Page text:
Carlos Falchi: A Life In Hand-Made Leather & Exotic Skins

Editorial TeamEditorial Team
March 30th, 2015
9:00 AM

Brazilian leather goods designer Carlos Falchi passed away suddenly last week due to illness. Rising to fame for his patchwork leathers and exotics skins, Falchi’s hand-made items will live on without their founder, proving he was a true accessories icon to America’s most leather-savvy women.

Carlos Falchi literally reinvented the exotic skin and its use in leather goods. His luxurious patchwork designs were deemed unusual and unique for their initial time, the Seventies – sporting python, alligator or ostrich in collage-type fabric - often hand-painted.

Born in Brazil, Falchi migrated to the US as a young man. His fashion roots began in making hand-stitched leather clothing for musicians, a niche he picked up by charming the likes of Patti Smith, Miles Davis, and Mick Jagger at trendy New York bars in the Seventies. But it was a meeting with retail boss Geraldine Stutz at Henri Bendel that changed Falchi’s design course. While presenting his ready-to-wear collection to the retailer, Stutz advised Falchi to focus on handbags alone. And he listened.

Falchi’s bags went on to be carried by Saks Fifth Avenue, Bloomingdale’s and Henri Bendel. They continued to please the stars too, riding on the arm of Jacqueline Kennedy Onassis, Sharon Stone and Tina Turner. More recent Falchi fans, meanwhile, were Cate Blanchett, Mary J. Blige and Tina Fey.

The Eighties was the power decade for the Brazilian, when he created his most memorable item yet – the buffalo satchel. Coined “the most copied bag in the industry” by WWD at the time, Falchi’s aesthetic had been notably swept up by envious competitors and copycats. As none could perfect the bag like he, the satchel remained a Carlos Falchi manufacturing secret, and his biggest asset.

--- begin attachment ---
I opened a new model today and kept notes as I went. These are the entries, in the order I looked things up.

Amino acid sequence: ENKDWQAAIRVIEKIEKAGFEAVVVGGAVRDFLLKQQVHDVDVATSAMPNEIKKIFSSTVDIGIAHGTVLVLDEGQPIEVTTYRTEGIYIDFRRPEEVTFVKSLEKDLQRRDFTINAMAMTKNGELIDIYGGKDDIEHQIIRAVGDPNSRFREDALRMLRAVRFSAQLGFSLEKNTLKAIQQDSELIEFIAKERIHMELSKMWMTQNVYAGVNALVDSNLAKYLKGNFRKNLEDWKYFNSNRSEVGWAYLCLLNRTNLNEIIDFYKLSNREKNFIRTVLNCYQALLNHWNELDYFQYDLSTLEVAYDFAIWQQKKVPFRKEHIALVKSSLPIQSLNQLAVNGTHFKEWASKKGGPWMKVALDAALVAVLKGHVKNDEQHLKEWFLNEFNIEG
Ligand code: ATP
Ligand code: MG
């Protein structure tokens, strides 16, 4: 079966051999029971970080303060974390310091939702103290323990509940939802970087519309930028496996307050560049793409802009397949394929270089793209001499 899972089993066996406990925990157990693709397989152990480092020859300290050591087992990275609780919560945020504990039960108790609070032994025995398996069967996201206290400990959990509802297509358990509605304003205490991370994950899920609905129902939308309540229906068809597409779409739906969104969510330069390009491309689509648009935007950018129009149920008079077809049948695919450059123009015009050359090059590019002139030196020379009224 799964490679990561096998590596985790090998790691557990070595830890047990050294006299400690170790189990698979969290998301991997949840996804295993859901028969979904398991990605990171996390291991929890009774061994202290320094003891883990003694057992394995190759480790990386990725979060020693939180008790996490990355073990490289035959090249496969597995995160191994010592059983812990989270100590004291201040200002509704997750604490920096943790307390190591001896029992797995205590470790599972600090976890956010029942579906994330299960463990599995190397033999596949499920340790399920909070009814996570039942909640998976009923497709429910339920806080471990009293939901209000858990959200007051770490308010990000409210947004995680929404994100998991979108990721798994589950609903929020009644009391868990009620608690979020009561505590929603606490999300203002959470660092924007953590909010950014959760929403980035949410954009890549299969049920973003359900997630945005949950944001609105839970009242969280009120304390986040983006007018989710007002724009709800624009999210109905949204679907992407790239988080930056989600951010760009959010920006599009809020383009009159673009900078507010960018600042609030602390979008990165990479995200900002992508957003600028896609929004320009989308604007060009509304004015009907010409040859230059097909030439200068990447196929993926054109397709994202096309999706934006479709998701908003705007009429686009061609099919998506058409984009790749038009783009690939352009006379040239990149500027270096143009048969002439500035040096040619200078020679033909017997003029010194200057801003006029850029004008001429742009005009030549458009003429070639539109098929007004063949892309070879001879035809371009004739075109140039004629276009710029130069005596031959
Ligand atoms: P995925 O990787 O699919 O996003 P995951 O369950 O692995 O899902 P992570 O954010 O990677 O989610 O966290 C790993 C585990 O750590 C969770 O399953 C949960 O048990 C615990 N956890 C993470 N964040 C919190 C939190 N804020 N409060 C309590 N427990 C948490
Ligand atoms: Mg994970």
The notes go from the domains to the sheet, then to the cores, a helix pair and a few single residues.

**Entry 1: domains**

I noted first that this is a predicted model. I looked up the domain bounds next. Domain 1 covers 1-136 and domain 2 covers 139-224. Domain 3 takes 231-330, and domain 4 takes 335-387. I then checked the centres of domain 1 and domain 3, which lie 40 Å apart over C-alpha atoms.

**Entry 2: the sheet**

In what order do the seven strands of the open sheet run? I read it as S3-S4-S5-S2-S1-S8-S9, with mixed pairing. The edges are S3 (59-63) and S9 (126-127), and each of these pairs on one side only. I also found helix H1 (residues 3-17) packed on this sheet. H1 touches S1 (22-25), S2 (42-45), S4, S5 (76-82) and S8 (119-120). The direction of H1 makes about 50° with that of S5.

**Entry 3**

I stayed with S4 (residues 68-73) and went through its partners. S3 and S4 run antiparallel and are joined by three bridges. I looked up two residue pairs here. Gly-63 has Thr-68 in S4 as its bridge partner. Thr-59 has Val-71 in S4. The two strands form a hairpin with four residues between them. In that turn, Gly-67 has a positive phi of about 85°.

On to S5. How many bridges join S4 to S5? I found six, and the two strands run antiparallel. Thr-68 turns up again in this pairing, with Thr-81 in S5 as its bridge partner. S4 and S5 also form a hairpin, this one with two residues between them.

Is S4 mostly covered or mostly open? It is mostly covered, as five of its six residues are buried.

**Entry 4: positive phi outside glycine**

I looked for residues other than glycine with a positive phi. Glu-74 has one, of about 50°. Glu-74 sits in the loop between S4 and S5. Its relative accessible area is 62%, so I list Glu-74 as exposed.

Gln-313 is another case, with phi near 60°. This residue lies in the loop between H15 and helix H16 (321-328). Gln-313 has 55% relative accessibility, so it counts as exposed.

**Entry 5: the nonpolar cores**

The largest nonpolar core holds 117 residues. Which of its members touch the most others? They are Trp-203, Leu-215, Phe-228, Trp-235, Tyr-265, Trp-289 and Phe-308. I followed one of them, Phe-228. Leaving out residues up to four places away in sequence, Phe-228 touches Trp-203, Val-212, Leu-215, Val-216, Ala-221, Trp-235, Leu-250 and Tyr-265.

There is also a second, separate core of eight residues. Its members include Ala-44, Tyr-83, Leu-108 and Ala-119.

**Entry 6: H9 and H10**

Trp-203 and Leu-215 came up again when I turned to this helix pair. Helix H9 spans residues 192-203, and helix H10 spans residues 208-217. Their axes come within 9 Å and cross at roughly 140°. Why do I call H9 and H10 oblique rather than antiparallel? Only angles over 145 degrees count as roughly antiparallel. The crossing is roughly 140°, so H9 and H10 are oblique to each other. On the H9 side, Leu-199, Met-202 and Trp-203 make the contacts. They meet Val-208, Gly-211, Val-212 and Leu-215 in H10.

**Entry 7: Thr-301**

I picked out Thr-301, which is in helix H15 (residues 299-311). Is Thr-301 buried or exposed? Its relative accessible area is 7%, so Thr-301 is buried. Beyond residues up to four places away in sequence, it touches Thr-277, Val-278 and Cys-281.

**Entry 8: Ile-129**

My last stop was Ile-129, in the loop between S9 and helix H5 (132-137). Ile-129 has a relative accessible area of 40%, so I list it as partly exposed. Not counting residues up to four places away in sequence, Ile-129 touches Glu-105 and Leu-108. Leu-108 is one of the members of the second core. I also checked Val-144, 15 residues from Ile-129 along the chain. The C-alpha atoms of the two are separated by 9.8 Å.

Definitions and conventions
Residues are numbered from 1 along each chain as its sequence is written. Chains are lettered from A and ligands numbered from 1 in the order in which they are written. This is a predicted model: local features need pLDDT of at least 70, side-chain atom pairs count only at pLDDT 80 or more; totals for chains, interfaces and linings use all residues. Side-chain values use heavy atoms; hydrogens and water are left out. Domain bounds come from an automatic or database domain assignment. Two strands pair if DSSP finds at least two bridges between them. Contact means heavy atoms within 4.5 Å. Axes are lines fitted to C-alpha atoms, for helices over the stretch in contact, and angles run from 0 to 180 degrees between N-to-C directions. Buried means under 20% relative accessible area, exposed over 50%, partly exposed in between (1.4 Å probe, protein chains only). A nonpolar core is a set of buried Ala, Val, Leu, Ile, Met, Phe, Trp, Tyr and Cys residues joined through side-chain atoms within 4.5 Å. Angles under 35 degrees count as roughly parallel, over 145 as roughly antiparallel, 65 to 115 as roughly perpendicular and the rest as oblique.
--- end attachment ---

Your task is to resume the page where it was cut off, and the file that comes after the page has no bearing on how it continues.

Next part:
“I’ve developed a unique method of cutting the skins to emphasize their beauty and maximize their usability,” Falchi said, when describing the bag in 2012.

Moving forward to 2015, the Carlos Falchi appeal is unrelenting and unspecified. Sleek and structured or soft and slouchy, the clutches and handbags - all hand-painted by Falchi - transcend age and sub-cultures.

Urban rockers are drawn to the raised, rough edges of his alligator skin; while sophisticated socialites seek the smooth touch of ostrich skin and its map-like contours and shapes. And Americana bohemians pine for his fringed hobo bag.

Other key Falchi traits are a fetish for bold color, played down by the bags themselves, which are timelessly manufactured right out of New York.

A longtime member of the CFDA, the designer was - until his death - an avid supporter of Made in New York. Even after his financial struggles in the Nineties, which lead to a closure in 1997, Falchi held onto his New York manufacturing point-of-difference. In 2009, Falchi Holdings acquired the Carlos Falchi brand, reviving it again. Falchi was brought on as chief designer and creative director. Without giving in to the lure of cheap, off-shore manufacturing, Falchi had achieved his dream: to stay NY-made and be financially supported so he could go on designing as he wished.

Established, Falchi was a financial support to many young designers in the past five years and participated as a mentor for winners of the Independent Handbag Designer Awards, for a number of seasons.

The Falchi business was unique too, in that was largely a family affair with wife, Missy and daughter, Kate both designing bags by hand in New York with their husband, and father.

Back in 2008, Purseblog visited the Carlos Falchi atelier and remarked on the close bond between the trio and the thought expressed in their designs: “Falchi works with his wife and raves about his daughters, one who is working with him now. His true love and devotion to his handbags is not only evident in the designs, but shows through after speaking with him for just a few minutes."

Inspired by Falchi's innovation with textiles and passion for leather and skins, it is Kate who will now steer the Carlos Falchi brand beyond 2015, now that her father is gone.

Carlos Falchi died Friday night at Duke University Hospital in Durham, N.C., following a short illness. He was 70 years old.